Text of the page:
Gary Lewis and the Playboys: This Diamond Ring (1965)

12 Mar 2021  |  2 min read

The offspring of Hollywood were just as swept up in Beatlemania as anyone. The two sons of comedian Soupy Sales -- Hunt and Tony, drums and bass respectively -- were in Tony and the Tigers who appeared on Hullabaloo and had a couple of records out . . . although went on to more interesting things later when they joined Todd Rundgren, Iggy Pop (on Lust for Life) then David Bowie in Tin... > Read more

Stephen: Windy Day (1988)

1 Mar 2021  |  1 min read

Unless you happened to be in Dunedin at the time, the late Eighties Flying Nun trio Stephen -- guitarist David Kilgour (Clean etc), bassist Alf Danielson (Goblin Mix) and drummer Geoff Hoani -- seemed to last little longer than their EP Dumb (which was about 13 minutes). There was, as far as I am aware, just the EP Dumb (six songs) and . . . Oddly enough though they had formed three... > Read more

Aztec Camera: Jump (1988)

22 Feb 2021  |  <1 min read

By the time of their third album Love in 1987, Aztec Camera out of Scotland had effectively become just singer-songwriter Roddy Frame and whoever he chose to work with. Love was their/his most successful UK album and the single Somewhere in My Heart lifted from it went to number 3 on the British charts. The 12" remix of that single was more interesting when you flipped it over: the... > Read more

Bob Dylan: The Usual (1987)

15 Feb 2021  |  1 min read  |  1

Although in these days of online-everything there could be very few Bob Dylan songs described as rare, this one isn't too readily available . . .  unless you have the soundtrack to the Eighties film Hearts of Fire on which it appeared. The movie itself -- in which Dylan plays an elusive and reclusive rock star, in very bad Eighties clothes -- was widely disparaged and didn't even get... > Read more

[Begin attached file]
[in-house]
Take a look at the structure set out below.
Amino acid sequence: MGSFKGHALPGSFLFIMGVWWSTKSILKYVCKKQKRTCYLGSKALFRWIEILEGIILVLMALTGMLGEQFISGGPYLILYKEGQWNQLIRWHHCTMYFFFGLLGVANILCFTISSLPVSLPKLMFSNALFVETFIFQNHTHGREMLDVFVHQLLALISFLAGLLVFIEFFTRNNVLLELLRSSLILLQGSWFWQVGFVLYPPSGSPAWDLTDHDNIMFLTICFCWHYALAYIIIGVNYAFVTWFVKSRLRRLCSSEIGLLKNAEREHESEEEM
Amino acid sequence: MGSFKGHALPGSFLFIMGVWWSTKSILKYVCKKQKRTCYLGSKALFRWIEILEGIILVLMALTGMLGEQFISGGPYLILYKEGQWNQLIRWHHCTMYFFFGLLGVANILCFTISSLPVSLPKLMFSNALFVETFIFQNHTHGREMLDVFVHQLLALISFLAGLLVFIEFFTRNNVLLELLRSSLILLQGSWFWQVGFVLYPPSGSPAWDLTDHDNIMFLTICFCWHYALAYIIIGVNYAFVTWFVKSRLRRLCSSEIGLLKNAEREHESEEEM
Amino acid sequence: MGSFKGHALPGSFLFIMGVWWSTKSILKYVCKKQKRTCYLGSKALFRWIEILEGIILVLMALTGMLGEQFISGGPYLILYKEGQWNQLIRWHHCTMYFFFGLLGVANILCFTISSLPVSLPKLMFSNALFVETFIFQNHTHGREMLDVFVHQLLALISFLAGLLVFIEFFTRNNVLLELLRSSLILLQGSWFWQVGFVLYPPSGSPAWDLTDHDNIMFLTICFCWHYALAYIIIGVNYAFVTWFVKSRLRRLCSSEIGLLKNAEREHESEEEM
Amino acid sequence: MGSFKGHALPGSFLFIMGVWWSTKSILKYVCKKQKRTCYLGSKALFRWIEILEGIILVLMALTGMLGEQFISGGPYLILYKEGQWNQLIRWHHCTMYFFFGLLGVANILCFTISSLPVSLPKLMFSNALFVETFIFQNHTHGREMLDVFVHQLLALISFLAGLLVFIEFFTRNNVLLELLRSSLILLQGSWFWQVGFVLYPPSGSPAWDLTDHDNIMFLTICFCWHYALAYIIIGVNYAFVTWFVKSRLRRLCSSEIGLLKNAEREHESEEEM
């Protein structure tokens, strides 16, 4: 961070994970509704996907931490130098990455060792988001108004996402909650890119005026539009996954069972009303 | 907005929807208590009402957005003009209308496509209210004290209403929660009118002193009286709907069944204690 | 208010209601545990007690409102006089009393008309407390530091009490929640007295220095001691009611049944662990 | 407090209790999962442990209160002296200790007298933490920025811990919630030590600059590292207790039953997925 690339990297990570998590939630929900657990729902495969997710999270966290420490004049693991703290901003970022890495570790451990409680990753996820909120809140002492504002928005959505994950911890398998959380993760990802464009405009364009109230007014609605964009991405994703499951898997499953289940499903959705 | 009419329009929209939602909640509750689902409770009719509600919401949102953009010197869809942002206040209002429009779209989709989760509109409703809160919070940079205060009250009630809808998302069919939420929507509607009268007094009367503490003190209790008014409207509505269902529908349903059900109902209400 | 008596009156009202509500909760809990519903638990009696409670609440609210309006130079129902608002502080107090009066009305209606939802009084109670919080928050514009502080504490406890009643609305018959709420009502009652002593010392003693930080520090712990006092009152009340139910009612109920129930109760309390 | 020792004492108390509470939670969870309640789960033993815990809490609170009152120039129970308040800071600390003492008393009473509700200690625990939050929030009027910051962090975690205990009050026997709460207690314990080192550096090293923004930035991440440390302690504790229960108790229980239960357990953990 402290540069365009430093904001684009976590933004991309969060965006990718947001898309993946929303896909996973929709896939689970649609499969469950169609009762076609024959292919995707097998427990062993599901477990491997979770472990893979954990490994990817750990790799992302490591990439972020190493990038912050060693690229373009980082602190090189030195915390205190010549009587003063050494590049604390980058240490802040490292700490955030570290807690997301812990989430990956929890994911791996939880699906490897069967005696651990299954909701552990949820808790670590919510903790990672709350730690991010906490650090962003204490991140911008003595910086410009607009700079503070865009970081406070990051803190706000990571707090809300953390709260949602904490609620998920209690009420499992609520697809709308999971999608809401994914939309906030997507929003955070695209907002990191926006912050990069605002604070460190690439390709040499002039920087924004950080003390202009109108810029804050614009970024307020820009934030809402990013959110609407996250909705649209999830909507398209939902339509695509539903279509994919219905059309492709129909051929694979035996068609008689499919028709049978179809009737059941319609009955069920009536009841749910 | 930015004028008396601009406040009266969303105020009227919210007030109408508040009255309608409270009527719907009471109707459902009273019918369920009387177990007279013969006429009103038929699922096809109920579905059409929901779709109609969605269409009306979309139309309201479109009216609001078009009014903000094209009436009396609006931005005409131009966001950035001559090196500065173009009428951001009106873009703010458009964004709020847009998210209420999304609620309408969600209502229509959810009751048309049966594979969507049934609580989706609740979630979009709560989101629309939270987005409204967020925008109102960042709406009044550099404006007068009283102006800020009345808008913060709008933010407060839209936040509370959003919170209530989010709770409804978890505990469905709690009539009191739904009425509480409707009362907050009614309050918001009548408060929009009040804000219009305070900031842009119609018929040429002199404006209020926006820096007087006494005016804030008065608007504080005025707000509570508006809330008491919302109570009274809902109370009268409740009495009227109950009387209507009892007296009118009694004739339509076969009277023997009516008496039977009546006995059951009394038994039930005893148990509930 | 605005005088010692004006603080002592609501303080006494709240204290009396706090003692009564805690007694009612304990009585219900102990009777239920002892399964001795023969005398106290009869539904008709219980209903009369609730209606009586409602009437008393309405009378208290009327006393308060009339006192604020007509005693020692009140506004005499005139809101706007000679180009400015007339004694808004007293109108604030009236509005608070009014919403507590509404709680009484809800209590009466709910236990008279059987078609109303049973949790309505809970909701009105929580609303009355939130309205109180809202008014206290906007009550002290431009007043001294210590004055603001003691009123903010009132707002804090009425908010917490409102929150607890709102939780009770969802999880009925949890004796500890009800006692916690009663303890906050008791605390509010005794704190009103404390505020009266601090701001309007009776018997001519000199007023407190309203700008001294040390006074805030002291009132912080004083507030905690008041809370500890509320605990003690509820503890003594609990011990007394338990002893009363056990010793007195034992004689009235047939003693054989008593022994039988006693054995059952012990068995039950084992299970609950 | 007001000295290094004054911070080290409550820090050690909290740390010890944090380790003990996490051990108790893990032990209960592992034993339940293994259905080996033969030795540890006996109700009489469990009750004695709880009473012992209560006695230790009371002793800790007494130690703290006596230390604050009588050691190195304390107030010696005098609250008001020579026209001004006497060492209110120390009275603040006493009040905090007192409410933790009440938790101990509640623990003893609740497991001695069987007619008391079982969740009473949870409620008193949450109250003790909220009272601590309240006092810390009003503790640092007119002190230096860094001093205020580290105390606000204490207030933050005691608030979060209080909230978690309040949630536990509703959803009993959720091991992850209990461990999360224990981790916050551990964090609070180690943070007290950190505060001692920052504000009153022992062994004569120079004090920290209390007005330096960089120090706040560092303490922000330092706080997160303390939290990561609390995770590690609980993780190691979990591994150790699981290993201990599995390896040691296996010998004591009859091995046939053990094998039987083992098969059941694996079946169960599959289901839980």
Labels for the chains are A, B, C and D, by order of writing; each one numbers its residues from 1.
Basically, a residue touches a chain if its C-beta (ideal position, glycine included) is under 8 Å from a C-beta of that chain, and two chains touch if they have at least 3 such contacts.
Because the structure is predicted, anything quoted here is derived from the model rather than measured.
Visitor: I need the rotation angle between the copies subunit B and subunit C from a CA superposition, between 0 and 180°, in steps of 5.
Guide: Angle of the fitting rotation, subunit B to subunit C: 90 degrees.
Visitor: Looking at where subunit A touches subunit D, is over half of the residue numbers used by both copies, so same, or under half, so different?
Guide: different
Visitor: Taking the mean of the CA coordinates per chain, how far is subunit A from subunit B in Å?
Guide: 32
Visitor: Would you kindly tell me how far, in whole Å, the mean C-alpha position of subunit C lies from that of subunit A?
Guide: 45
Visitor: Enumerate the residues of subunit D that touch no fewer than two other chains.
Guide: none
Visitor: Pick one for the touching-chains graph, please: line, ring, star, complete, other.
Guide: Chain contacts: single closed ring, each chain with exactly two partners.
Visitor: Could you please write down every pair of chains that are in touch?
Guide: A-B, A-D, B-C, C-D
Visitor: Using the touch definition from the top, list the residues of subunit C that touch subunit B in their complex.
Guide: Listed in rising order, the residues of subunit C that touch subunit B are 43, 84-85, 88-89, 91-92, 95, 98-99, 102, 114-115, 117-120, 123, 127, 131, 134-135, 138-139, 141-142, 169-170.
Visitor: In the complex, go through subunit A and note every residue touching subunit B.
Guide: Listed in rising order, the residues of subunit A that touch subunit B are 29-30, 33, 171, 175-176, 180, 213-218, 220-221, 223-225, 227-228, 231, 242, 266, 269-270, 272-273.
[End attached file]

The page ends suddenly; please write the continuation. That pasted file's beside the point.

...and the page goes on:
Joe Tex: Buying a Book (1969)

1 Feb 2021  |  <1 min read

The great Joe Tex has appeared at From the Vaults previously (with his wonderful soul screamer'n'stomper I Gotcha from '72) but this -- his 21st single (out of 33 US r'n'b chart hits between '65 and '78) -- deserves special mention. A narrative that is part (im)morality tale, philosophy-cum-humour and a bit of street-soul in the chorus, Buying A Book came out of Muscle Shoals and -- while a... > Read more

David Bowie: This Is Not America (1985)

18 Jan 2021  |  <1 min read

Accidentally catching David Bowie in Labyrinth on television recently reminded just how much he put himself about for a while there. Recording Peter and the Wolf, singing the Little Drummer Boy with Bing Crosby, strutting with Mick Jagger for Dancing in the Street, the Absolute Beginners and When the Wind Blows soundtracks, knocking off stuff for Labyrinth which allowed him to dance in very... > Read more

Ann Peebles: I Feel Like Breaking Up Somebody's Home (1972)

11 Jan 2021  |  <1 min read

Well, if anybody in '72 could break up somebody's home it would have been the steamy Ann Peebles who delivered this classic Memphis soul gem and the following year cemented her reputation with two classics, the much covered and sampled I Can't Stand the Rain and I'm Gonna Tear Your Playhouse Down. Peebles originally came from St Louis and sang gospel as a child but found her feet in Memphis... > Read more